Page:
Calendar Change 1752 – A change was required when England changed from the Julian to the Gregorian calendar. Eleven days were lost, causing consternation to the masses and resulted in many riots. The author of the article was scanning through the St. Botolph without Aldgate baptism records at the Guildhall in London. Wedged in the list of baptisms after the 2nd September, 1752, is the following entry:
“According to an Act of Parliament passed in the Year of our Lord 1751. The old style ceases here and the New takes and Consequently the next Day which in the old account would have been the 3rd is Now to be called the 14th so that all the intermediate nominal Days from the 2nd to the 14th are omitted or rather annihilated this Year, and the month contains no more than 19 Days.”
(From Newsletter No. 55 of June, 1997, of the Geraldton Family History Society, WA.)
The Wonders of Digital Imaging of Photographs – Did you hear about the person who wanted a photograph of an ancestor restored? The technologist was asked if he could restore it without the hat on the subject. He agreed and asked the customer, “What was the hair colouring?” The reply was, “I don’t know, but you’ll see that when you take off the hat.”(From Newsletter No. 1 of 1997 of The Southern Peninsula Genealogical Society Inc.)
Local Snippets From The Past – From the Victoria Police Gazette, 3rd December, 1868:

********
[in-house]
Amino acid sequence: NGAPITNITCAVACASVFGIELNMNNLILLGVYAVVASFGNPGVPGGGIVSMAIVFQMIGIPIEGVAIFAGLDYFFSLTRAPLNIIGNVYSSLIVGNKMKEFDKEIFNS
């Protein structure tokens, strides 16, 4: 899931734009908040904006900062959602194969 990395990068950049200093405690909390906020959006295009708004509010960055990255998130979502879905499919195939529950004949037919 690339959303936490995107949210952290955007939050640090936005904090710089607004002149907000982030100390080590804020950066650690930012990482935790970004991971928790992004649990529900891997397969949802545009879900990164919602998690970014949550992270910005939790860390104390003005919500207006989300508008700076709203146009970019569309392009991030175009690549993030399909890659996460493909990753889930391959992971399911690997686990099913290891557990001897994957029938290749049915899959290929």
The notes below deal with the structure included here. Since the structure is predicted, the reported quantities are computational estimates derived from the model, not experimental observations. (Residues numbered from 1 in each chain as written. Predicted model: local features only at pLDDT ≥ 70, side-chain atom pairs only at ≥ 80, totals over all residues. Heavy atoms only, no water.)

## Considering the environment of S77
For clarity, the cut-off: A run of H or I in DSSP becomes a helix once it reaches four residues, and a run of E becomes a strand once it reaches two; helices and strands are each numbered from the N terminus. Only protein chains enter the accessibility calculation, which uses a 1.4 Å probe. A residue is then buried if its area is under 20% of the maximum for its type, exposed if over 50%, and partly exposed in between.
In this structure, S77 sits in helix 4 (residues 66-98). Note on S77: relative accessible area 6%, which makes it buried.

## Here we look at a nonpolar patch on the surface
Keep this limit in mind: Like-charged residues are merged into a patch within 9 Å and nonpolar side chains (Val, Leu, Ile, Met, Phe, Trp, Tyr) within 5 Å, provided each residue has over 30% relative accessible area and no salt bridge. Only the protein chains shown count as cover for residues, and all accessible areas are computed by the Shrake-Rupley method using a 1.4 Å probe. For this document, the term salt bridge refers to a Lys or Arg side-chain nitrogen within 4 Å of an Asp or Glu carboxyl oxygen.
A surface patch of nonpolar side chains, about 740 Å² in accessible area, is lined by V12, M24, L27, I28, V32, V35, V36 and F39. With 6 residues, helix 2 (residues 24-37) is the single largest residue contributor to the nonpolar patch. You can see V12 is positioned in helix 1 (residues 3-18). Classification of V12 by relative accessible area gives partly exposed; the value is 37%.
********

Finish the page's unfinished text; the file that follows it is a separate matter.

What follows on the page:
“About the 18th November, 5 panes of glass were maliciously broken in the Schoolroom at the Mountain Hut, Glenlogie, Avoca district. Joseph West, contractor, had left the work for a few days, and on his return, found the windows broken and the door key taken away.”
From the Victoria Police Gazette, 8th February, 1876:
“During the night of 3rd instant, an attempt was made to set fire to a brush-fence and grass paddock situate at Lamplough, the property of John Bourne. A firestick was thrown into the paddock, about 15 ft. from the fence, but owing to the stillness of the night and a heavy dew, only about a rod square of the grass was burnt.”
From the Avoca Free Press, 13th September, 1902:
“Mr. C. Sanders offers a reward of £5 for the conviction of the thief who stole about 70 sheep from his property at Warrenmang recently. If strayed, 6d. per head will be paid to the finder.”
From the Avoca Free Press, 20th June, 1874:
“£2 REWARD, LOST, between Mountain Hut and Amphitheatre, on Thursday, the 28th ult., a ROLL of NOTES, containing £23. Whoever finds and returns it to Mrs. Ratigan, Mountain Hut, shall get the above reward.”